The Class B motorhome, or camper van, is unique among recreational vehicles. That fact impressed me over 20 years ago when I took my then 10-year-old son, Stephen, and me on a Class B motorhome test. I was making notes inside, and Stephen was wandering through the van when he said, “Dad, this is a go-somewhere RV, not a stay-somewhere RV…right?”

Even at that age, Steve got it. Class B’s have always been about travel, moving, exploring, and seeing what’s over the next rise. Today, there are more options than ever before to scratch that itch in this segment.

The Class B motorhome market has been around for many decades; however, it was originally based on the ancient low-roof vans that Detroit produced. These required a ton of re-construction by the RV manufacturers, and in the end, they were just not that great. That all changed when Mercedes Benz brought the Sprinter to North America from Europe. This commercial van was unlike anything built in Michigan, and the RV industry quickly adopted it as a platform for its new generation of Class B’s (plus, it came with a small diesel engine). Its single greatest advantage was a hi-roof right from the factory. This alone cut down the amount of upfitting needed to make it a good Class B motorhome. That shift in van design more than 15 years ago was the beginning of European vans taking over what Detroit was offering.

A few years have passed now, and the Sprinter, as it turns out, was just the tip of the iceberg. Today, only GM still offers an “old” style American-designed van, and I suspect it too will be gone soon. Ford now has the Transit, MB the Sprinter, and Ram the ProMaster – a repurposed Fiat with a Chrysler Pentastar V6 engine. It’s unique because it’s a front-wheel-drive design with a low step-in height.

This group of vans has not only increased the number of available platforms but has also spread the price point. At first, the MB chassis with its diesel engines typically cost well north of 100K as a built-out Class B motorhome.

Now, with the Ford and Ram in the mix with their gas engines, that price can drop into the $80s.

We have Mercedes to thank for this market transformation, but now we have the Ram and Ford and in the case of Ford they are now also built in America. So, are they better than the old vans? Yes, in every possible way. And with an all-electric Ford Transit van arriving just this year, I expect to see some Class B offerings on that chassis shortly.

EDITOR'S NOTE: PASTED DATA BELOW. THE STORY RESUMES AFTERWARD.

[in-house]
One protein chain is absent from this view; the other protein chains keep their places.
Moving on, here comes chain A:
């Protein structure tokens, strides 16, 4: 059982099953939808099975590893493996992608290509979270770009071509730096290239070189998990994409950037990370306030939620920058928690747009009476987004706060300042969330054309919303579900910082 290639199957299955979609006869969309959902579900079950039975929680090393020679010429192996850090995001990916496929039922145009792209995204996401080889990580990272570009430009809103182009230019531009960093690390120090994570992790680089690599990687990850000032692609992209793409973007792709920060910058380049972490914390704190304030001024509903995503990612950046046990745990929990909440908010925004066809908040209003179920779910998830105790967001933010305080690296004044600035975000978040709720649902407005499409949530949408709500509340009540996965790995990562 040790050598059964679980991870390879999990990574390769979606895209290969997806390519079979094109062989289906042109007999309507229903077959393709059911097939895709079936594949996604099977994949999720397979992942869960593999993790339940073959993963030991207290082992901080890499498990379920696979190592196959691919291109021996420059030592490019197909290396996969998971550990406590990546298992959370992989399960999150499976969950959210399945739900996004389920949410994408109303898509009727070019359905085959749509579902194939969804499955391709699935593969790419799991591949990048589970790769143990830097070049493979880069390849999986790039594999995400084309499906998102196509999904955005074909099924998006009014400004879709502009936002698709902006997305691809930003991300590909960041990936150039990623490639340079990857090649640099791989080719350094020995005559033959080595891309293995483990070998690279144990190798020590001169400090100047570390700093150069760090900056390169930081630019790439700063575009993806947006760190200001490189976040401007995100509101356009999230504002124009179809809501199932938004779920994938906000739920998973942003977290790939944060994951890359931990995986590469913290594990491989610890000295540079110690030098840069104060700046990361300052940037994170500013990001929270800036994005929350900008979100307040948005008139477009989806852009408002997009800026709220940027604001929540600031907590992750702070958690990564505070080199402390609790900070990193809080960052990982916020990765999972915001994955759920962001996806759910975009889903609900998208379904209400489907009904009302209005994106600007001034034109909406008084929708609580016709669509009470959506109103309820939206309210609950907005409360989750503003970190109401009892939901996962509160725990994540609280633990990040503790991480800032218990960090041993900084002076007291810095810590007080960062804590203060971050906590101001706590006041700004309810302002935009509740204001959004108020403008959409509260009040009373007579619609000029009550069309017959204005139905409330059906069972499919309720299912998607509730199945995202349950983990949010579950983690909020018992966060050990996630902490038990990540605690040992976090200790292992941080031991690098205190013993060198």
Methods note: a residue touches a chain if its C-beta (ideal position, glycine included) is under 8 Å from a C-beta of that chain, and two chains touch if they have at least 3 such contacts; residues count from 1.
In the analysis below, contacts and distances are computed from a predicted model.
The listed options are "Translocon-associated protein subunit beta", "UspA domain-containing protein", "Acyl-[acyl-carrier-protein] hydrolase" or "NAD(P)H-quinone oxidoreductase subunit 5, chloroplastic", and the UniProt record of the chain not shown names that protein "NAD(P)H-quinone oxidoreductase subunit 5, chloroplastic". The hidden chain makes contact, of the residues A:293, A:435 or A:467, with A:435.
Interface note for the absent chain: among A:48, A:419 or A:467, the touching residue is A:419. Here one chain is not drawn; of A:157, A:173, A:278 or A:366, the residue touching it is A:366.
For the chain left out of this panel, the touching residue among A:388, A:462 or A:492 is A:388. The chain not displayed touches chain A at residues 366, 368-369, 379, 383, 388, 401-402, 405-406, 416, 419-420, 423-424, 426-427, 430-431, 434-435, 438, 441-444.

One of the best things about Camper Vans is that they are simply nice to travel in. You have everything you need without the driving anxiety that larger, more cumbersome motorhomes can produce in many drivers. Remember this when you look at the new RV prices, particularly between Class B’s and larger Class C’s. They can be very close in cost, but they don’t drive the same.

The key to a good Class B motorhome is an interior design that is an exercise in efficient space management. Everything has a secure place, and all the space is used – often in very clever ways.

Here is a current roundup of just some of the models being offered today. This is just a sampling, but it should get you thinking about all the great trips that can come from driving a small RV.

Winnebago Solis 59P

Exterior view of the Winnebago Solis 59P Class B motorhome with the pop-top open. One woman sitting in a lawn chair outside, and one standing in the doorway.

Photo credit: Winnebago

This Class B motorhome is built on the Ram ProMaster chassis and powered by the Pentastar V6. What sets the Winnebago Solis 59P apart is the pop-top which adds to the van’s height and features another sleeping space.

Roadtrek Zion Slumber

Inside the Roadtrek Zion Slumber Class B motorhome.

Photo credit: Roadtrek

Also using the Ram Pro Mast chassis, the Roadtrek Zion Slumber Class B motorhome has a pop-top, and the interior can be reconfigured easily into sleeping and living spaces.

Coachmen Nova 20RB

Inside the Coachmen Nova 20RB Class B motorhome.

Photo Credit: Coachmen

In the Coachmen Nova 20RB, dual solar panels provide 220 wats of solar power to charge the Lithium battery system when off-grid. This Class B motorhome features the Lagun convertible tabletop system to change up the work/living space. Built on the Ram ProMaster.

Airstream Interstate 24X

Woman reading inside an Airstream Interstate 24X Class B motorhome.

Photo Credit: Airstream

A high-end Class B motorhome, this Interstate is designed for off-road adventures. Based on the MB Sprinter it features 4WD, convertible seating, shaded outdoor workspace and is prewired for a 5G antenna.

Pleasure-Way Plateau

Inside the Pleasure-Way Plateau Class B motorhome.

Photo Credit: Pleasure-Way

This MB based Class B motorhome by Pleasure-Way has several convertible spaces for flexible living and sleeping space. The driver’s seat swivels to face a built-in desk featuring smart TV, USB ports and two 110V outlets.

Storyteller Overland Mode LT

Inside the Storyteller Overland Mode LT Class B motorhome.

Photo Credit: Storyteller Overland

Built on the Ford Transit chassis, this Class B motorhome by Storyteller is aimed at the Overlander – someone who wants to go out there and get lost. It features Ford’s all-wheel-drive system and a host of off-grid power options.

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